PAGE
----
The Iditarod Trail International Sled Dog Race has long been heralded as one of the last great races left in the world, where dog mushers from across the world attempt to be the first across the finish line–without any aid other than the canines and the supplies on their sled. All entrants must qualify for the incredible event through other races throughout the year.
The Iditarod covers over 1,000 miles that covers everything from icy mountains to forests to frozen rivers and more. It begins in Anchorage, AK, and ends in Nome, on the Bering Sea coast.
The Iditarod race is a testament to how man’s best friend helped him conquer much of the wilderness throughout Alaska, embodying the spirit of adventure, perseverance, and keen focus. It’s not just a contest, but a tribute to the countless miles dogs have helped sleds cover over the decades and centuries. It also was a way for the race organizers to help preserve the noble sled dog culture, which began to disappear as mush teams were being replaced with snowmobiles for travel and transporting supplies.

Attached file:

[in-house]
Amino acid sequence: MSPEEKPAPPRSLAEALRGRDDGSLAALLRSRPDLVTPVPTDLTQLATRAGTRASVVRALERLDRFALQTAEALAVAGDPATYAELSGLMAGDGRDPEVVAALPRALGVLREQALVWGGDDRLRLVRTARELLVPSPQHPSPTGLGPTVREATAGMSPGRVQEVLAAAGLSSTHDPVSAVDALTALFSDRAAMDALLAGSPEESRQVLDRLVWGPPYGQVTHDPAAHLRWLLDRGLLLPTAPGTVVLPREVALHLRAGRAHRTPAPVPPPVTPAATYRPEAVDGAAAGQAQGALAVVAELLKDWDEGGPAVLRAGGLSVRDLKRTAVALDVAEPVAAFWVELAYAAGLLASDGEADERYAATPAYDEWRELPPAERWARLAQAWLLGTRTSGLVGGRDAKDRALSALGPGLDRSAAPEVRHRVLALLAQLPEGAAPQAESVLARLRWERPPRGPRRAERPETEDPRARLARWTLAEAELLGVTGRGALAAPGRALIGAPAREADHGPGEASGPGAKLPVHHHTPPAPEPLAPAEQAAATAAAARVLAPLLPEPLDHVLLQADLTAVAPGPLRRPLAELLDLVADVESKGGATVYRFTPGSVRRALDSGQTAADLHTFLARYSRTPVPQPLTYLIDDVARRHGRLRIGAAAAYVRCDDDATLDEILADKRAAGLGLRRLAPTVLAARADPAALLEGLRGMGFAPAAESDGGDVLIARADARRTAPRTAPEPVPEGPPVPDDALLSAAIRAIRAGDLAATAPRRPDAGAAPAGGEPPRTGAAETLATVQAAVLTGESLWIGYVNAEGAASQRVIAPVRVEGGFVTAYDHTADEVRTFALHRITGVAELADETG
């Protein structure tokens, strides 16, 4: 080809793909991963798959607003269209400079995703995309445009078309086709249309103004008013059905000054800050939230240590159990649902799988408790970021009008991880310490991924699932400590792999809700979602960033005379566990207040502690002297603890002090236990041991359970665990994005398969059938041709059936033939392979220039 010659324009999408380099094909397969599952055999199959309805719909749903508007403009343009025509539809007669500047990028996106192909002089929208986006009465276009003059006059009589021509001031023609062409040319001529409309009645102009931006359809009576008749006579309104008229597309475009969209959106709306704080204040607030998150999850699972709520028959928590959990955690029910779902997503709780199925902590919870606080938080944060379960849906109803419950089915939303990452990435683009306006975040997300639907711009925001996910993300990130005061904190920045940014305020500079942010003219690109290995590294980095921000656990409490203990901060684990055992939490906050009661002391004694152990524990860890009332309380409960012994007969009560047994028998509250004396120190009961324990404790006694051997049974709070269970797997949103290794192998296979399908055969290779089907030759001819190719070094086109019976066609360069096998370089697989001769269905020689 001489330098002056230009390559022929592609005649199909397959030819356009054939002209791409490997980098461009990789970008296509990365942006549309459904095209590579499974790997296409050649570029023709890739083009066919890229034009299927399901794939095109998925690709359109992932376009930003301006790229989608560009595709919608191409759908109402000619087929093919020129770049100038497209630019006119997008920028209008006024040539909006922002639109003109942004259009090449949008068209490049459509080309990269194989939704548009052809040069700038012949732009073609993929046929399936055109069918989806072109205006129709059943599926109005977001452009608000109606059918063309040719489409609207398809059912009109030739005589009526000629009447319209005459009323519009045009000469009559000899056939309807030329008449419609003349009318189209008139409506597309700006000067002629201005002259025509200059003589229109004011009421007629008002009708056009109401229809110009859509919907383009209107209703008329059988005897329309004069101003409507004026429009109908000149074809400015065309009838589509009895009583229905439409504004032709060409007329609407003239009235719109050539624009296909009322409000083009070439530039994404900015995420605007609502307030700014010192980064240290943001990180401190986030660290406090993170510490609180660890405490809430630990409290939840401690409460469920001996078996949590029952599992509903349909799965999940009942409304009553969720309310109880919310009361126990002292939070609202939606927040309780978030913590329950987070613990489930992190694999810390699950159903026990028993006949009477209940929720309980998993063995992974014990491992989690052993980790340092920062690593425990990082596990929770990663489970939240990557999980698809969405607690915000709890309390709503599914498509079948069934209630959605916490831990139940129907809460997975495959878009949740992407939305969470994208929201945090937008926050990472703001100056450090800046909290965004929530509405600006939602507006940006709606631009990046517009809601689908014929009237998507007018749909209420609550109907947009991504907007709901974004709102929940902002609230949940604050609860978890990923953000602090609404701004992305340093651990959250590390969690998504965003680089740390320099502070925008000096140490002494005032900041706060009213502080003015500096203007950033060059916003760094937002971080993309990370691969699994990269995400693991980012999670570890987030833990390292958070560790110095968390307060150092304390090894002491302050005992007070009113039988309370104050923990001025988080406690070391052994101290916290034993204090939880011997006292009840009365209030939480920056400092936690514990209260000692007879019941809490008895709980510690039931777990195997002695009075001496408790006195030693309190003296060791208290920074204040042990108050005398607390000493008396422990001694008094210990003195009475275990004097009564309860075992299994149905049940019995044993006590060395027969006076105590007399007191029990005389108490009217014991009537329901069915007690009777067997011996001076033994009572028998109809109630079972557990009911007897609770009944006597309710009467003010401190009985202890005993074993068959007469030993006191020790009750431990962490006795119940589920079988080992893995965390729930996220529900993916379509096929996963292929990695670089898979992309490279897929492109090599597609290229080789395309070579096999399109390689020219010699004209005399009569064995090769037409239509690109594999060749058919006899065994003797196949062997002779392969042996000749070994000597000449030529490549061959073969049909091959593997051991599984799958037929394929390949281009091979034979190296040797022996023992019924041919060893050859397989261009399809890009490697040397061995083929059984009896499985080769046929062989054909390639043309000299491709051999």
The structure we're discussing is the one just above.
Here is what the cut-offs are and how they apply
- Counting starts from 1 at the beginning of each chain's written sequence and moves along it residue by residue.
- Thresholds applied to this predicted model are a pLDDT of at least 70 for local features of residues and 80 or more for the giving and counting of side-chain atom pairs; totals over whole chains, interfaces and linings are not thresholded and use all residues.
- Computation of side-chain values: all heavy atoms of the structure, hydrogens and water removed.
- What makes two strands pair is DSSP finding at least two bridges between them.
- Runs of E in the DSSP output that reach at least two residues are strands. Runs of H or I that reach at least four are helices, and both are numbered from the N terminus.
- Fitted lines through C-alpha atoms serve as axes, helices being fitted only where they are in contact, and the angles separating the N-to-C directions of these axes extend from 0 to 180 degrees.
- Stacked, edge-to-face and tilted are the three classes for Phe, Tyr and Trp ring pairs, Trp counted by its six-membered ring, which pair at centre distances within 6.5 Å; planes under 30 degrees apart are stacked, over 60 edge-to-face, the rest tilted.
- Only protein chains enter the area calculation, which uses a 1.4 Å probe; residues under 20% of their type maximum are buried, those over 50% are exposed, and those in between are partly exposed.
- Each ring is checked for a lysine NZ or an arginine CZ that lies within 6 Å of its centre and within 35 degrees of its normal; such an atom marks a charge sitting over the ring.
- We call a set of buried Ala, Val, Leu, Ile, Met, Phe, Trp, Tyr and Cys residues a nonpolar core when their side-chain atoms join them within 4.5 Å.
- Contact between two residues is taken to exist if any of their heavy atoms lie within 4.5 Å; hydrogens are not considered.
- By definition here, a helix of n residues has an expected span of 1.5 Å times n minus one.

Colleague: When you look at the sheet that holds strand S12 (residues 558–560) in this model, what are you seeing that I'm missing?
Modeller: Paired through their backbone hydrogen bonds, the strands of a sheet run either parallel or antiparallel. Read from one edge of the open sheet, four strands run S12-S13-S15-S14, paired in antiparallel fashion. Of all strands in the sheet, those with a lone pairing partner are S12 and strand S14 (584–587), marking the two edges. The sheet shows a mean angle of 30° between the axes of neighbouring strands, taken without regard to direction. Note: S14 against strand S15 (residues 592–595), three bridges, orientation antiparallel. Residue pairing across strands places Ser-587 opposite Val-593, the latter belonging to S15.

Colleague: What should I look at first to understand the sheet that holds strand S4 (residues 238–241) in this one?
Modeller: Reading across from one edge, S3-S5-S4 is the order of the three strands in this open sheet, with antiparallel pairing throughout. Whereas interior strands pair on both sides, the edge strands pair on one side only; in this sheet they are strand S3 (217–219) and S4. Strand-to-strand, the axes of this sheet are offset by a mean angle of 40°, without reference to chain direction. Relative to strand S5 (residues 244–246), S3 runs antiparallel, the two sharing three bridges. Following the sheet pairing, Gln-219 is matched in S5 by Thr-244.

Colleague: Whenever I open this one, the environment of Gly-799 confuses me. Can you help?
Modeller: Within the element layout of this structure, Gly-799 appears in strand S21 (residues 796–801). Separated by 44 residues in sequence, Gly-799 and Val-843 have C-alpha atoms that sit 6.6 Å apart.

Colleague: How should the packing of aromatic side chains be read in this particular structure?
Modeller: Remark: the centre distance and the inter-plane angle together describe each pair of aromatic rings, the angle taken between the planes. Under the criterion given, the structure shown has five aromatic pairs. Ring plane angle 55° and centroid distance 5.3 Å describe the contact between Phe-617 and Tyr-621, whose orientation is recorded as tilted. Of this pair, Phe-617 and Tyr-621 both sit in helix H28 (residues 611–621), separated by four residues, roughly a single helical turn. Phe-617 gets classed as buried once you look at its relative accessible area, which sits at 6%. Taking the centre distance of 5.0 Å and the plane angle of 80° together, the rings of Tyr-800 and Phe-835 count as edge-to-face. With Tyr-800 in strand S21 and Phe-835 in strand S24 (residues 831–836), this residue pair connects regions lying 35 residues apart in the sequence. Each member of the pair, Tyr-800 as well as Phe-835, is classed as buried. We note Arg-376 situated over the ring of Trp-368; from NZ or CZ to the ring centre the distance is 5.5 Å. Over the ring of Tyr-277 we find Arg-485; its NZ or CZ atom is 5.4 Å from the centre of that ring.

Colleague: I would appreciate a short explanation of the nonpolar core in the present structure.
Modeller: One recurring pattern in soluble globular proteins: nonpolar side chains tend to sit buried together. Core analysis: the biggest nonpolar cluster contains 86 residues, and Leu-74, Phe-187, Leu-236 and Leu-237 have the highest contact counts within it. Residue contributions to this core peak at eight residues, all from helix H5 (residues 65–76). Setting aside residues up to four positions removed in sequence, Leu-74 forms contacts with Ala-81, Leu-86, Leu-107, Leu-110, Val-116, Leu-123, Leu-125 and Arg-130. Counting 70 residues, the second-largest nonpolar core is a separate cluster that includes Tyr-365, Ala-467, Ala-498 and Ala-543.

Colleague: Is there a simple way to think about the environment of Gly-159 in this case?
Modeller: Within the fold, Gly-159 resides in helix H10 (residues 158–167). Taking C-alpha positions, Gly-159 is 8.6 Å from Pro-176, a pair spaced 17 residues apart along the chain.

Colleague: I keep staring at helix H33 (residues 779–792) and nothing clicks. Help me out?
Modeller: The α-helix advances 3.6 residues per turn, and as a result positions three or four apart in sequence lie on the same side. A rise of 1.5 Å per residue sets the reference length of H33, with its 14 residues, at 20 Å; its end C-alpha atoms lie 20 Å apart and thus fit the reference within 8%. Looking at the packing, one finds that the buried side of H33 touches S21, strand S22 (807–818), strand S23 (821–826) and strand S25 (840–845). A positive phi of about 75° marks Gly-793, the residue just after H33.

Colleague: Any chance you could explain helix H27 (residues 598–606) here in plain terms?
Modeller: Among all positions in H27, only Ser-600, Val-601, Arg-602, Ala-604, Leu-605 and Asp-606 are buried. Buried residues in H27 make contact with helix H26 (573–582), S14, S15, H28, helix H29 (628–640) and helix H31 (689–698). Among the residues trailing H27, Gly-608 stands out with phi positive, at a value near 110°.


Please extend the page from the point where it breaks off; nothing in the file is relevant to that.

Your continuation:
Each musher team brings their own unique strategies to the event, including their preferred schedules, supplies, and food for the dogs. However, the Iditarod does require certain items to always be involved: arctic parkas, heavy sleeping bags, axes, snowshoes, and boots to protect each dog’s feet. After all, while some may race for the glory of winning, the underlying reason is to pay tribute to mush dogs past and present–and that means caring for them the whole race long.
If you’d like to track the racers and the 1,000+ dogs involved in the event as they strive to reach the finish line, check out the Iditarod Live Blog here! Cheer them on and remember everything dogs have sacrificed to help humanity survive and thrive.
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